Cennard Davies, something of a cult figure thanks to his stern-but-fair style, along with Ann M Jones and Basil Davies (no relation) are the three Catchphrase presenters trying, with a fair degree of success, to knock some Welsh into Nigel Walker. Yes, that Nigel Walker, the ex-international hurdler and rugby player. The reason for the three presenters is to give listeners experience in various types of Welsh - there's a fairly obvious, though (thanks to modern media) probably decreasing, north-south difference (for example, "Meic has a car" would be "Mae gan Meic gar" in northern Wales, but "Mae car [gy]da Meic" in the south), but there are also differences in accent and speed.
Now, you'll notice in my example of regional differences above that I've misspelt "car" in one of the phrases. Gotcha, you think. Sorry, no - this is where we have to confront that most cursed of Celtic constructions, the mutation. Anyone who's learnt German will be aware of the dreaded adjectival endings... which, of course, are largely ignored by native German speakers. Mutations are much the same thing, except that a) they're at the front; and b) it isn't just adjectives - there's an enormous list of rules to remember about when to use them... and again, most natives largely ignore it.
I really am not going to start explaining all the ins and outs of mutations here - it could easily make a book on its own - but here's a little table of what happens, plus a short introduction, which will serve either to help you make sense of a Welsh dictionary or (more likely) confuse you beyond belief...
C - G - Ngh - Ch P - B - Mh - Ph T - D - Nh - TH G - * - Ng - / B - F - M - / D - Dd - N - / M - F - / - / Ll - L - / - / Rh - R - / - /
/ = no mutation; * = remove the initial "g", eg "gardd" (garden) becomes "yr ardd" (the garden). In this case, the noun undergoes soft mutation because it comes after "y" meaning "the". Well, "yr", in fact - the "r" is added for easier pronunciation, in much the same way as "a" becomes "an" before a vowel in English. There are loads of exceptions, of course - to say "in Welsh" you don't say "yn Cymraeg", but "yn Gymraeg" because there is an implied "y" in between "yn" and "Gymraeg" which causes a soft mutation, even though it doesn't actually appear in the phrase. And "in Wales" is "yng Nghymru", as this construcion causes a nasal mutation. But "in Colchester" is just "yn Colchester", as foreign words (and all names) don't mutate. There are, as I say, any number of exceptions to these rules, and native Welsh speakers often just shove a soft mutation onto everything.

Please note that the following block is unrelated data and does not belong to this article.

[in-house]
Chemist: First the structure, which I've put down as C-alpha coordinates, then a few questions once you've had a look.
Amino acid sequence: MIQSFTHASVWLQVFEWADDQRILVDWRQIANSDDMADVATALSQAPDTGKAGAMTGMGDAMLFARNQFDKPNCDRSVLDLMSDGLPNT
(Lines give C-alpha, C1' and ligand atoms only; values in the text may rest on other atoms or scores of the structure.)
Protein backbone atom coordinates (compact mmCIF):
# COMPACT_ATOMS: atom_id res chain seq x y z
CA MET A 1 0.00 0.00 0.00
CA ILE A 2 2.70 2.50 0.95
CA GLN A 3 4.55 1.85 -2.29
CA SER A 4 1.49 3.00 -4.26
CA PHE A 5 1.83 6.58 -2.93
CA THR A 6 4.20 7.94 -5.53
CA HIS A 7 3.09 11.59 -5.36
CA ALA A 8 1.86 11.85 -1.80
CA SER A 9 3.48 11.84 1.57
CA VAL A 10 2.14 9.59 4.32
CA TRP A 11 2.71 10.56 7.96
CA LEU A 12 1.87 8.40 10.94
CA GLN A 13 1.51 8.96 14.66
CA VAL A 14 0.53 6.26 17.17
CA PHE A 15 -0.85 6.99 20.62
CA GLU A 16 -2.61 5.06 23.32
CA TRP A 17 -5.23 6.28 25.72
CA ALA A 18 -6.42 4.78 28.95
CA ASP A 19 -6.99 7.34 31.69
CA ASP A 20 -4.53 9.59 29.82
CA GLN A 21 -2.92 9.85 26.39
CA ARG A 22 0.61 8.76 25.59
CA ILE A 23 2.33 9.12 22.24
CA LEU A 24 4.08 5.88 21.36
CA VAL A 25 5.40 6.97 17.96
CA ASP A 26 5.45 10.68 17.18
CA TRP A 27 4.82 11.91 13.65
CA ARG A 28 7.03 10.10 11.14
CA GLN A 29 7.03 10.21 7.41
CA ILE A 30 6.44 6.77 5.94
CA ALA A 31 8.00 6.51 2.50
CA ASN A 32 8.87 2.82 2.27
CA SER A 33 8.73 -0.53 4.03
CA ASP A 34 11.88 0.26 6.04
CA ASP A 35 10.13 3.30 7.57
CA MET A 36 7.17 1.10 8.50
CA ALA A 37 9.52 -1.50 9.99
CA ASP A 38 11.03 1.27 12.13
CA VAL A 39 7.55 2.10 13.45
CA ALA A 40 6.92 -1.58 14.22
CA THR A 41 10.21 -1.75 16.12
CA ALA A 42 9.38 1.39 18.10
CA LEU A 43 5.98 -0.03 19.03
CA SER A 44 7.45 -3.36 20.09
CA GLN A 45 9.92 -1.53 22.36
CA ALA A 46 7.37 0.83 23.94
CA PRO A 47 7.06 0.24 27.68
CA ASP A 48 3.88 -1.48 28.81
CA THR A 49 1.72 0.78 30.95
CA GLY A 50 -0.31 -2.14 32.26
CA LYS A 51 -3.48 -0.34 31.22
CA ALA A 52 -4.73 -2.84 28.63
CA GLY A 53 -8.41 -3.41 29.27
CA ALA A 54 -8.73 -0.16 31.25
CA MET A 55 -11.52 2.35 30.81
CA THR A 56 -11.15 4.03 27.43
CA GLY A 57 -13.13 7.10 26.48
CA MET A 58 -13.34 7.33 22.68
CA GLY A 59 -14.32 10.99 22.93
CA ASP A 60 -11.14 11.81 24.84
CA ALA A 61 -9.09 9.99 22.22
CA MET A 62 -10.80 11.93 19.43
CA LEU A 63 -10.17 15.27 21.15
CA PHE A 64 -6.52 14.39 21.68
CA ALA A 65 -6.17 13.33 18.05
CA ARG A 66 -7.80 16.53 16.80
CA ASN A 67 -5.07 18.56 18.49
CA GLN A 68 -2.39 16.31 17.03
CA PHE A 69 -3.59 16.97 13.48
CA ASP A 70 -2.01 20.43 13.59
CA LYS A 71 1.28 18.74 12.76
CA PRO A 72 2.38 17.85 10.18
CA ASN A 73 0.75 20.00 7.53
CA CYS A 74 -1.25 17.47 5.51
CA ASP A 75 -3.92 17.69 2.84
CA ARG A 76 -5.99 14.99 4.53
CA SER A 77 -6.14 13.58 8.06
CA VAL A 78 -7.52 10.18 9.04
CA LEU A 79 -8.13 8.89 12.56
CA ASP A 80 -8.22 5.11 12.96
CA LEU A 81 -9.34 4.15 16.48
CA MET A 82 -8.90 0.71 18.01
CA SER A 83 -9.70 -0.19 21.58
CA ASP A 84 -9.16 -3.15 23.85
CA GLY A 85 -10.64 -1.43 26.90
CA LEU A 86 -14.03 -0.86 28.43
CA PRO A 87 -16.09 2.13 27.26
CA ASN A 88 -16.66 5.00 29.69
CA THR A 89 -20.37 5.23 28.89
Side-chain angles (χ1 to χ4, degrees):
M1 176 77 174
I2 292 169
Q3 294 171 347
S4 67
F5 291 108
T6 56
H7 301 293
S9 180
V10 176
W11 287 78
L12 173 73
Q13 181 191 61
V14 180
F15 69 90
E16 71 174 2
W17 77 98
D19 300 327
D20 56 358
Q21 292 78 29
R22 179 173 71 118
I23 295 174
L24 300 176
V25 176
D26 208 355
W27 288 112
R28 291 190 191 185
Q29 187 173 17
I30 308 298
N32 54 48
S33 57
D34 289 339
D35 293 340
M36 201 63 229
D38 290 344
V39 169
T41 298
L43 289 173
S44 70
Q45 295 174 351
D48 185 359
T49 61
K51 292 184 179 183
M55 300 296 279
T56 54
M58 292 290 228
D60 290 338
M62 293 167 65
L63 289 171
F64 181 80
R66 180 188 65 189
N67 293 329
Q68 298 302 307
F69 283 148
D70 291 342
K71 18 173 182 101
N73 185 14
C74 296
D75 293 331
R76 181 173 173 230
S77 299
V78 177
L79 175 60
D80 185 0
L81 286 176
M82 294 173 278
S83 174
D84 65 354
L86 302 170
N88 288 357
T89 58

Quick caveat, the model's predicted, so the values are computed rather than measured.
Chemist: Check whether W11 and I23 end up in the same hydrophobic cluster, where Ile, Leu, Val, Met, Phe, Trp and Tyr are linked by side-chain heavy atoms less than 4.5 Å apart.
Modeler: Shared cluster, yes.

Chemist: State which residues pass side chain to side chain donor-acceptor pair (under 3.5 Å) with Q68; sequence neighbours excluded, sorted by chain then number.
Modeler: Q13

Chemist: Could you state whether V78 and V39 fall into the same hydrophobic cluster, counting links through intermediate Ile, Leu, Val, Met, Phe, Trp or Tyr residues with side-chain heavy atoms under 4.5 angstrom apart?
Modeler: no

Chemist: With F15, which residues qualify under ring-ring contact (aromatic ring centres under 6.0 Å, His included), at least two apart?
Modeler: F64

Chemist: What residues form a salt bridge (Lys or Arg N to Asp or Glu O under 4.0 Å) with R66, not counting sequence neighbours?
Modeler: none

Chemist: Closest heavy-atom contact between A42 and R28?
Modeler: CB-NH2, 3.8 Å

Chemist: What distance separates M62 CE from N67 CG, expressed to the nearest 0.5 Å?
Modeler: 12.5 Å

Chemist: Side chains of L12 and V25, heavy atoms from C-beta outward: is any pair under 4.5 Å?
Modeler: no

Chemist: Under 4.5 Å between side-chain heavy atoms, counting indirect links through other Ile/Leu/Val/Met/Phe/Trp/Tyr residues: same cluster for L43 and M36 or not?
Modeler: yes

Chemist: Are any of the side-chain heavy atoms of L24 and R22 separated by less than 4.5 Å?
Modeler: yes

Fun, huh? And oh, before I forget... Ng, like Ch, Th, Ll, Dd and Rh, is a letter in its own right in the Welsh alphabet - but don't go looking for it in the dictionary after N. It comes after G. Ain't that swell? Now then, about conjugated prepositions... oh, all right, I'll leave off for now.
Books, then. It's a fair bet that you're going to use them a fair amount, unless you have Welsh-speaking friends who are *very* understanding, or live next to the location of the National Eisteddfod. This, broadly, is a celebration of Welsh culture and language - the grounds are Welsh-language only, except for a "learners' tent", and prizes (crowns, chairs etc) are awarded for success in fantastically obscure types of poetry that about seven people in the world understand. Think of it as a sort of Fermat's Last Theorem convention for Welsh. There are also competitions for more conventional artforms, but the high flyers look down at them because ordinary people can actually understand what the heck is going on. Try to catch the coverage on S4C - it's like nothing else.
Sorry, got diverted there. I was supposed to be talking about books. Acen do a good range, but my favourite ones come from a smallish company going by the name of Y Lolfa (http://www.ylolfa.com) - they have a very wide range of books and cassettes catering to many levels of ambition. The book which I treasure most is Heini Gruffudd's "Welcome to Welsh", advertised as being for "the more ambitious learner". It's a fifteen-part course with some very funny (and quite near the knuckle - not for young kids, this one!) photo-strips forming the basis of each chapter. It's only a fiver, as well - an unmissable bargain. The absolute antithesis of the dry-as-dust stuff we see all too often which turns people off the language instantly. As Gruffudd says in another of her book titles, Welsh is Fun!